Many of the members at the Overclockers.com forums who are watercooling experts will often advise you to stay away from water cooling ‘kits’ for a number of reasons. First, the price vs. performance ratios of most kits are poor compared to aftermarket air cooling, and sometimes such kits even perform worse than aftermarket air coolers. Other concerns are the closed loop and not having the ability to upgrade parts. Swiftech reckon they have changed that with its new “Edge” line of water cooling kits. Today we will be reviewing the Swiftech H20-220 Edge Liquid Cooling Kit which has kindly been provided by CrazyPC.com. The “Edge” line of water cooling kits comes in two flavors: the H20-220 with a radiator cooled by 2x 120 mm fans, and the H20-320 which comes with a radiator cooled by 3x 120 mm fans. Swiftech states on their website that “the H20-X20 “Edge” series liquid cooling kits represent a true revolution in the world of liquid cooling”. Let’s see if Swiftech’s latest offering can overcome the concerns people may have about buying a water cooling kit!
- Apogee XTL CPU water block
- MCR220-DRIVE (Rev.2) – Dual 120 mm radiator, MCP35X pump assembly, 2 fans, fan guards
- MCB-120 Radbox mounting hardware
- 6 feet of 1/2″ ID tubing
- Hydrx Coolant – 2 oz and funnel
- Fillport hardware
- Installation guide
Packaging, Contents, and Installation
As you can see from the pictures, the packaging from CrazyPC.com was great. The actual product packaging was in a larger box surrounded by packing peanuts. These peanuts will actually break down under water which is a nice environmentally friendly option, compared to the normal styrofoam packing.
Inside the smaller package are the parts. Everything inside that box had was snugly fit into its own place.
Installation of the kit was straightforward. The kit comes with printed (not pictured) and video instructions for how to mount the kit. Both the paper and video instructions were quite detailed and will be a help to both novice installers and pros. The kit also comes with the Swiftech rad box (not pictured) so you have internal and external mounting options. Since I already have a PA120.2 mounted on the back of the Corsair Obsidian 800D, I chose to mount it inside up top using the longer screws that were provided. By default the kit comes with Intel CPU monting brackets for LGA socket 775, 1156, and 1366. If you wanted to put a Socket 754, 939, AM2, or AM3 under the Apogee XTL, you can select the relevant option when ordering from CrazyPC.com.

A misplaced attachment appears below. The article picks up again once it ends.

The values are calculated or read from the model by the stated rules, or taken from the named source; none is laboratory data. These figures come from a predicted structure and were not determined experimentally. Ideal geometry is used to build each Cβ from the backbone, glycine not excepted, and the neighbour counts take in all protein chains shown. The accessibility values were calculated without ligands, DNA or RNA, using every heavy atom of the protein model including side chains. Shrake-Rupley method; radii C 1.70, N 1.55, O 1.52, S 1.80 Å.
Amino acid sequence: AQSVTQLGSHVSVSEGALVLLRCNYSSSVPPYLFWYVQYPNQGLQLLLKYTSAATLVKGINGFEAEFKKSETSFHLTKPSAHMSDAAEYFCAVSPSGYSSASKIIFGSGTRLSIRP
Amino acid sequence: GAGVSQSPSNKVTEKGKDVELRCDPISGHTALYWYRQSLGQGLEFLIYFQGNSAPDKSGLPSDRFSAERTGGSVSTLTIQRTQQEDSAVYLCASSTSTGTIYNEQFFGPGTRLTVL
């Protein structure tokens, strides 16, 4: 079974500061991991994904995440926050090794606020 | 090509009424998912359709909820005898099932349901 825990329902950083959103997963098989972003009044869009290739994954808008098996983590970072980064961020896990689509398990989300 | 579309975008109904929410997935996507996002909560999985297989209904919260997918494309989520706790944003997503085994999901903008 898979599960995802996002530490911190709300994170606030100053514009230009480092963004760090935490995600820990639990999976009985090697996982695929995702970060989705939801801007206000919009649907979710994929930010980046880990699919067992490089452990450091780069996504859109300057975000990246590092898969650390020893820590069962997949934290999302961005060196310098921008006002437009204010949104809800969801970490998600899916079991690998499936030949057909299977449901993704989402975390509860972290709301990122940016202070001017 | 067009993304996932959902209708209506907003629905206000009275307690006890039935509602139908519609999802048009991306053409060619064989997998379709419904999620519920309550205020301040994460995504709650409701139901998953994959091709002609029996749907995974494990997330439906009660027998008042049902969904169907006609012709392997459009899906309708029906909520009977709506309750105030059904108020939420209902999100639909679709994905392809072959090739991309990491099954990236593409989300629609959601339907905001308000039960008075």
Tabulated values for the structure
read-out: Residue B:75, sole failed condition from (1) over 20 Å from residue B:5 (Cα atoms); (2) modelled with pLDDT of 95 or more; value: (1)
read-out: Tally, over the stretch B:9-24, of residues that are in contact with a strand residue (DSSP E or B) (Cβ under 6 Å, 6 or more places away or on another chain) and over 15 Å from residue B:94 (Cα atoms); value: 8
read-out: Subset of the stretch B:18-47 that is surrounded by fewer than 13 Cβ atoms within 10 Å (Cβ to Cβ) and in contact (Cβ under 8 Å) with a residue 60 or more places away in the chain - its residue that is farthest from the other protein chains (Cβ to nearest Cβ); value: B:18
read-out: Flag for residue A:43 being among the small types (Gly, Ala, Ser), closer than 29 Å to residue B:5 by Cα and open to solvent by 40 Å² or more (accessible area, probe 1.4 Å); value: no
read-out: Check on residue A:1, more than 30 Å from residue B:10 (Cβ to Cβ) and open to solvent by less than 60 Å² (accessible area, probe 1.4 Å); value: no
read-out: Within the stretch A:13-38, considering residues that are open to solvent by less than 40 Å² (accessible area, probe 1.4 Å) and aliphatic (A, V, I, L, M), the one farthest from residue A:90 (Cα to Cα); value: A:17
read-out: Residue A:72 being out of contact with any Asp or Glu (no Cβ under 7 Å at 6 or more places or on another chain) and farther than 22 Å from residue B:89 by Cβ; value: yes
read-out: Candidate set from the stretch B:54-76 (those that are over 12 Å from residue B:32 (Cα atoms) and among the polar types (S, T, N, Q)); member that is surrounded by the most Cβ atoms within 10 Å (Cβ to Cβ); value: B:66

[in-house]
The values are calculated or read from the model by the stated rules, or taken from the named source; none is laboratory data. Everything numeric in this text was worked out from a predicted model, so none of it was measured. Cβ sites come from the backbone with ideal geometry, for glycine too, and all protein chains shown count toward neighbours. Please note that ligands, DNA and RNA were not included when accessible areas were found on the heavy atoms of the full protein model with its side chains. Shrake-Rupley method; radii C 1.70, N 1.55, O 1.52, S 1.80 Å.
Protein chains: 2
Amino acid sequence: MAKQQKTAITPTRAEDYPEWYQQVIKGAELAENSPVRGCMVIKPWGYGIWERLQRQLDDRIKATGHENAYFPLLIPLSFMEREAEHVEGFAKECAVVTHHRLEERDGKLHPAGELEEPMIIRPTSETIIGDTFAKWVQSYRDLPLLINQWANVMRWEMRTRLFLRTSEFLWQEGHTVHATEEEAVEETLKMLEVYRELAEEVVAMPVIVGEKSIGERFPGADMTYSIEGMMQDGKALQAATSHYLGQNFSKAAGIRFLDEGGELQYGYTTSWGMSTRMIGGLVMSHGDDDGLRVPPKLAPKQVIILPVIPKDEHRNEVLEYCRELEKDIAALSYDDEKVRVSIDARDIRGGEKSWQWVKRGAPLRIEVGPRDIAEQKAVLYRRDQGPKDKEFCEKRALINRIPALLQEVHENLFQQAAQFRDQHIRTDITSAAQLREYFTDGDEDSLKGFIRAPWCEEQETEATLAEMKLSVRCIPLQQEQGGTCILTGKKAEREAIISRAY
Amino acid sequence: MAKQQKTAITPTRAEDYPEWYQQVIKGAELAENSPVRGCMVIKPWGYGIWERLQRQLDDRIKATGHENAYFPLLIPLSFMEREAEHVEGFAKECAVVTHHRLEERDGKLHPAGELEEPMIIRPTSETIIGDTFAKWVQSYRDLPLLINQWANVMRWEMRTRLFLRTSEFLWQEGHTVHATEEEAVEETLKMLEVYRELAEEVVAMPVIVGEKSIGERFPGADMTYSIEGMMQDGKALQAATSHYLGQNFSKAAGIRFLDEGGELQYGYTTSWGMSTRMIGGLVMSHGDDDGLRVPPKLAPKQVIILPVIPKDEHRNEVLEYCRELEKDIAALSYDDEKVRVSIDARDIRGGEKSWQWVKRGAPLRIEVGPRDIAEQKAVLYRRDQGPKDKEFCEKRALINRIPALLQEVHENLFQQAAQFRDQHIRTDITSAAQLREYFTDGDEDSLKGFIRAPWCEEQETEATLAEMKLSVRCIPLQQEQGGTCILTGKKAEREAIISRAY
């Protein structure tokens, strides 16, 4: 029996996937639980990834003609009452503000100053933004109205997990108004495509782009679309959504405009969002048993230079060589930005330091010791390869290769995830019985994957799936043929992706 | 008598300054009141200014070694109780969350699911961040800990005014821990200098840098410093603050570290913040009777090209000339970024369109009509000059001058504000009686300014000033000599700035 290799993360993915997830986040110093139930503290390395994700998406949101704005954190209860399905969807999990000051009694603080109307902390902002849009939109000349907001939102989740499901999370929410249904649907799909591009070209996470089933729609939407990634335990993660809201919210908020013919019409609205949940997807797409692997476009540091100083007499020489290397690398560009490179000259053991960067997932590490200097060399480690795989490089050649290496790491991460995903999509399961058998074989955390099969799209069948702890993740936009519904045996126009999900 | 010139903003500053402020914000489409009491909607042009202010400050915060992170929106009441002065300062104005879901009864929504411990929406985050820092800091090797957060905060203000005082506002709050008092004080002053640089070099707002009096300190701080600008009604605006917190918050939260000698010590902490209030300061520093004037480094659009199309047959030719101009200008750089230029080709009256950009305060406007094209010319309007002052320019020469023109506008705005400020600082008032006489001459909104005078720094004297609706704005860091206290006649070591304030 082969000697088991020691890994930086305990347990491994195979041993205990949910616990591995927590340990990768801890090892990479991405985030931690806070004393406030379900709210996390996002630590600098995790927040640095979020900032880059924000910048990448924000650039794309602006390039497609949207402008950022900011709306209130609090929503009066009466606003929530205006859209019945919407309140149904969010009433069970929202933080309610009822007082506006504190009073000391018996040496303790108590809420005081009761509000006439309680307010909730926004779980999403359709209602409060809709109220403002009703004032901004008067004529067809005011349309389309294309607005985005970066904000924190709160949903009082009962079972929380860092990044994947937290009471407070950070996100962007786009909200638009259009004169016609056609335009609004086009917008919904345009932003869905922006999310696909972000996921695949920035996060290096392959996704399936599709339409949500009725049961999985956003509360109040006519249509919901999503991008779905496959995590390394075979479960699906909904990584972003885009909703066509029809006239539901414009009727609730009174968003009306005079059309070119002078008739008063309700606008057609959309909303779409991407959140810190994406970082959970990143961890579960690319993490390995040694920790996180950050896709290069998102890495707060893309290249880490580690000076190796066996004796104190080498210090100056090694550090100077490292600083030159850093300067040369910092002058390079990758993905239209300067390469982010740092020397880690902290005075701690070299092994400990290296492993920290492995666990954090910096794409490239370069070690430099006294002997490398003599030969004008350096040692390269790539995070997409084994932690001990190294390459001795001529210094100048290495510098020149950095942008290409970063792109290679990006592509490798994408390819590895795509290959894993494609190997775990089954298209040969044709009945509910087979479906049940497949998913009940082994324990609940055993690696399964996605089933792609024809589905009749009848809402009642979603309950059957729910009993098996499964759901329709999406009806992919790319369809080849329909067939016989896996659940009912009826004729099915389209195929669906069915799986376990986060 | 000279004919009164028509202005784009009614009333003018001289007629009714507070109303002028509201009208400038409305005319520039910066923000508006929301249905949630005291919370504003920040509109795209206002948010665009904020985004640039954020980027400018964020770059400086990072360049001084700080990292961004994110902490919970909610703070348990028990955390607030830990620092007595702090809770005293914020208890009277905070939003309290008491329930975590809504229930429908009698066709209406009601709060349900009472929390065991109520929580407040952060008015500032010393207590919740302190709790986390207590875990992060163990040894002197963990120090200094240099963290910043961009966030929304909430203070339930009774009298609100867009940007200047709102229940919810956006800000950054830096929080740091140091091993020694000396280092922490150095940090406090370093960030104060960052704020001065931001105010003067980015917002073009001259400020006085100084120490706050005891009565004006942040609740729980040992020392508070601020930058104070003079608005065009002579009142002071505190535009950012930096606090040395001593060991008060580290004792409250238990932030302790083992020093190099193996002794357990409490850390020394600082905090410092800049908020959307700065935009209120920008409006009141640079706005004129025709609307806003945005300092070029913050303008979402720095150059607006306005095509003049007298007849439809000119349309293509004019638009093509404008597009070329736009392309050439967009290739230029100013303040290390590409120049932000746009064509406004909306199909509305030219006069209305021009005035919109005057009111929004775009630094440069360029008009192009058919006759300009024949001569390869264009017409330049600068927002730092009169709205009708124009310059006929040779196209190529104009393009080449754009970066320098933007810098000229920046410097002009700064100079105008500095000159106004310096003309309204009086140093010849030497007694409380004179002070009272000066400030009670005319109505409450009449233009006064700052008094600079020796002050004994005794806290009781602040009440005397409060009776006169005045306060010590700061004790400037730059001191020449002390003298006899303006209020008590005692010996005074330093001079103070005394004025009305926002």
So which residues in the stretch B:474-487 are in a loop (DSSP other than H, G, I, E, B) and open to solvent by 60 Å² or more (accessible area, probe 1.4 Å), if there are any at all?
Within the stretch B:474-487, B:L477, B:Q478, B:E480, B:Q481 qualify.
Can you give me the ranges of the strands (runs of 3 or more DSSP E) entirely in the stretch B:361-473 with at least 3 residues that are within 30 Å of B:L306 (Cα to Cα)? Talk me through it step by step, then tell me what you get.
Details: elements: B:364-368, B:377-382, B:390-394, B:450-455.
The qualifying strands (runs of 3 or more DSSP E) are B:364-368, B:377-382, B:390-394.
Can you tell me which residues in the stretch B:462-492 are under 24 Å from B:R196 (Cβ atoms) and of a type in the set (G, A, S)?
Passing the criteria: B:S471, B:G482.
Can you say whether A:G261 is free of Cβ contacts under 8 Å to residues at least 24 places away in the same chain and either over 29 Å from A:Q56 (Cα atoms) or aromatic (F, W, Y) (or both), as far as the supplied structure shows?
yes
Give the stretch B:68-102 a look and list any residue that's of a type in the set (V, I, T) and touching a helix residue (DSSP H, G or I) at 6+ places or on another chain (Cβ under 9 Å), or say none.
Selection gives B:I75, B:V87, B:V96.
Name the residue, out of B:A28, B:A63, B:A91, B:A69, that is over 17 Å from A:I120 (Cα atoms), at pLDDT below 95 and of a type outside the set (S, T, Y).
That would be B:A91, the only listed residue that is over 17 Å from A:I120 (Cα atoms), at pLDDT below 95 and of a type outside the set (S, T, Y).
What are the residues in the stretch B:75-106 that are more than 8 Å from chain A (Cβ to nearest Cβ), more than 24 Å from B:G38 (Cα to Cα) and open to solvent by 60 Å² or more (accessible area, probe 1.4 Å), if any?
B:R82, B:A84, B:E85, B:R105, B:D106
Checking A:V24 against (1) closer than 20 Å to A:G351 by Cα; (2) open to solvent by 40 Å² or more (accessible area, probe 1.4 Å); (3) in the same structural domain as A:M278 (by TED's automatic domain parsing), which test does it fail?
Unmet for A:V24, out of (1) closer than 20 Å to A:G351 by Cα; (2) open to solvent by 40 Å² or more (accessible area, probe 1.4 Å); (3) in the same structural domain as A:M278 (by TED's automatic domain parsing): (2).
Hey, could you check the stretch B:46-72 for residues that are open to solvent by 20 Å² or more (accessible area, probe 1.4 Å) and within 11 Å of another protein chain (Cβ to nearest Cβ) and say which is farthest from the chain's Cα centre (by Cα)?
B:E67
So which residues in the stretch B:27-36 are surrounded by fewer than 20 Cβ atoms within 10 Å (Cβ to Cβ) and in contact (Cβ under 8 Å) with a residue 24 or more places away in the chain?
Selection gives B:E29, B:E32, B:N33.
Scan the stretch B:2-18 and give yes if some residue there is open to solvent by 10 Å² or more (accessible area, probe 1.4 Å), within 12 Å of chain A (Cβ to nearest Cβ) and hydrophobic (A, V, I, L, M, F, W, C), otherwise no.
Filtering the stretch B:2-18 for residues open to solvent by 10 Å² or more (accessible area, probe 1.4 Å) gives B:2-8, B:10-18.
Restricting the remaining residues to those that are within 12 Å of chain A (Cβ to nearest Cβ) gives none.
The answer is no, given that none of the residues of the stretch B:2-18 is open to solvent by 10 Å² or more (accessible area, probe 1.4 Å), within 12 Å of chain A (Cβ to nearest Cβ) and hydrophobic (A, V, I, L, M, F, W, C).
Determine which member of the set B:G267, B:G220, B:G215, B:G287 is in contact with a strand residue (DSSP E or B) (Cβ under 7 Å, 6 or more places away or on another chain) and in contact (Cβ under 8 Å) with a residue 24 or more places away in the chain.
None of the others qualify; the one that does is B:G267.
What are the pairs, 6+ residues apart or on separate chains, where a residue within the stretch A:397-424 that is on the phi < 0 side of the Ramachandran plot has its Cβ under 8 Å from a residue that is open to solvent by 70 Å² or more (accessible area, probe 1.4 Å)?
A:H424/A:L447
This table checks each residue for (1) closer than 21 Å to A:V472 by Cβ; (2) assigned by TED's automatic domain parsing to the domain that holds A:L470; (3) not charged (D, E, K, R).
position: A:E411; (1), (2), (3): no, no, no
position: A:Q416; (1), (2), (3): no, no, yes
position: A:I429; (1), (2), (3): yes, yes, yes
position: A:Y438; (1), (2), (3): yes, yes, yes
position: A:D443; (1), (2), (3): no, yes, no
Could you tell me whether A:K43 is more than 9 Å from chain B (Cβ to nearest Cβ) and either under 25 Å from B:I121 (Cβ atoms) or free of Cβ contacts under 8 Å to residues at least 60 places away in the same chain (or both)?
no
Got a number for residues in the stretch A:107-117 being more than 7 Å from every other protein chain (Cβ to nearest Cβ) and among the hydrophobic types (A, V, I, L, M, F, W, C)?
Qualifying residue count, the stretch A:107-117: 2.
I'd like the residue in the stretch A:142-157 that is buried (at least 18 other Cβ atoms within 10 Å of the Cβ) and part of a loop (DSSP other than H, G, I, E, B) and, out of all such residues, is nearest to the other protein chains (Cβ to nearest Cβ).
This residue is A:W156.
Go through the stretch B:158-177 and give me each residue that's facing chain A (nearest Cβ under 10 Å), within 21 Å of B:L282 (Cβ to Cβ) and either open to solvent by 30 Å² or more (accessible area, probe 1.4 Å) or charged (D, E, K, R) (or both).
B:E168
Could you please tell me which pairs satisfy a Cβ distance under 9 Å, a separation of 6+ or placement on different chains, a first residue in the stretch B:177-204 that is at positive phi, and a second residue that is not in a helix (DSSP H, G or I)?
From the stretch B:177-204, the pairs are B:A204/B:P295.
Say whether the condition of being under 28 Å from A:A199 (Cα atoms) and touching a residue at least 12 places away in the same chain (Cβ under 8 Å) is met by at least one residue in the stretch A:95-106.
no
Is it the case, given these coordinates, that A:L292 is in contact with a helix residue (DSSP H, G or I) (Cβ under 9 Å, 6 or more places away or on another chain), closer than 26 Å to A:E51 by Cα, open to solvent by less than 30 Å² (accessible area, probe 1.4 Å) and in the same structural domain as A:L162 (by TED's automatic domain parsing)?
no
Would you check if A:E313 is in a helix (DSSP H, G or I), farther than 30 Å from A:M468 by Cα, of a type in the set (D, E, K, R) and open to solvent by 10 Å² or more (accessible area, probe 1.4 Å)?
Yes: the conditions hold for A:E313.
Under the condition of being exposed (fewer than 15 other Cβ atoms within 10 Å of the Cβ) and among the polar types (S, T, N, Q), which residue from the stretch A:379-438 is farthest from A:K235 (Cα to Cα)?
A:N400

In my case I really had no choice but to fill this unit before I installed it. Some people might want to get the Dremel out and create a fill port through their case. The necessary grommets and cap and are included and the radiator has the side fill port. After one attempt with the supplied 1/2″ ID tubing, I realized with the plastic clamps on one side (but metal screw type clamps on the other), there was no way the tubing was going hold on the barbs with such a short curved run and so much tension on them. So I drained the radiator/reservoir combo and refilled it using my own 7/16″ ID tubing. One should always use clamps with a water cooling system to prevent leaks (do as I say, not as I do!). The unit looks good tucked up inside the 800D.
The following system was used for testing (relevant parts):
- Intel W3570 @ 3.3 GHz, 1.21 V / 4 GHz, 1.27 V / 4.4 GHz, 1.38 V
- Supertalent 6 GB DDR3 2k @ 1600 MHz 7-7-7-24-1T
- ATI X850xt (not a typo!)
- Corsair Obsidian 800D (side panel on, case fans @ 100%)
I used Prime95 Small FFT runs for 1 hour in order to make sure the loops are saturated and have hit their maximum temperature. I compared the kit being reviewed against my current setup which consisted of PA120.2 and MCR320 radiators with a MCP655 variable pump set to 3, EK Supreme HF (acetal top, default plate), and 120 mm Yate Loon High fans at 1000 RPM on both radiators. Please note (if you haven’t already) that this is not intended to be a direct apples-to-apples comparison between the other cooling systems as they are all so different. I ran the Swiftech kits fans at ca. 1,200 RPM which is the lowest I could get them to run without them stopping (on my fan controller). The MCP35X pump on the Swiftech Edge kit was run at 40% throughout the testing. I used these datasets just to give readers an idea of what a much more expensive custom loop would provide vs. stock air (i.e. to inform people who would likely be purchasing this unit) vs. this Swiftech kit. Ambient temperatures were up to 2 °C lower when testing the Swiftech edge kit.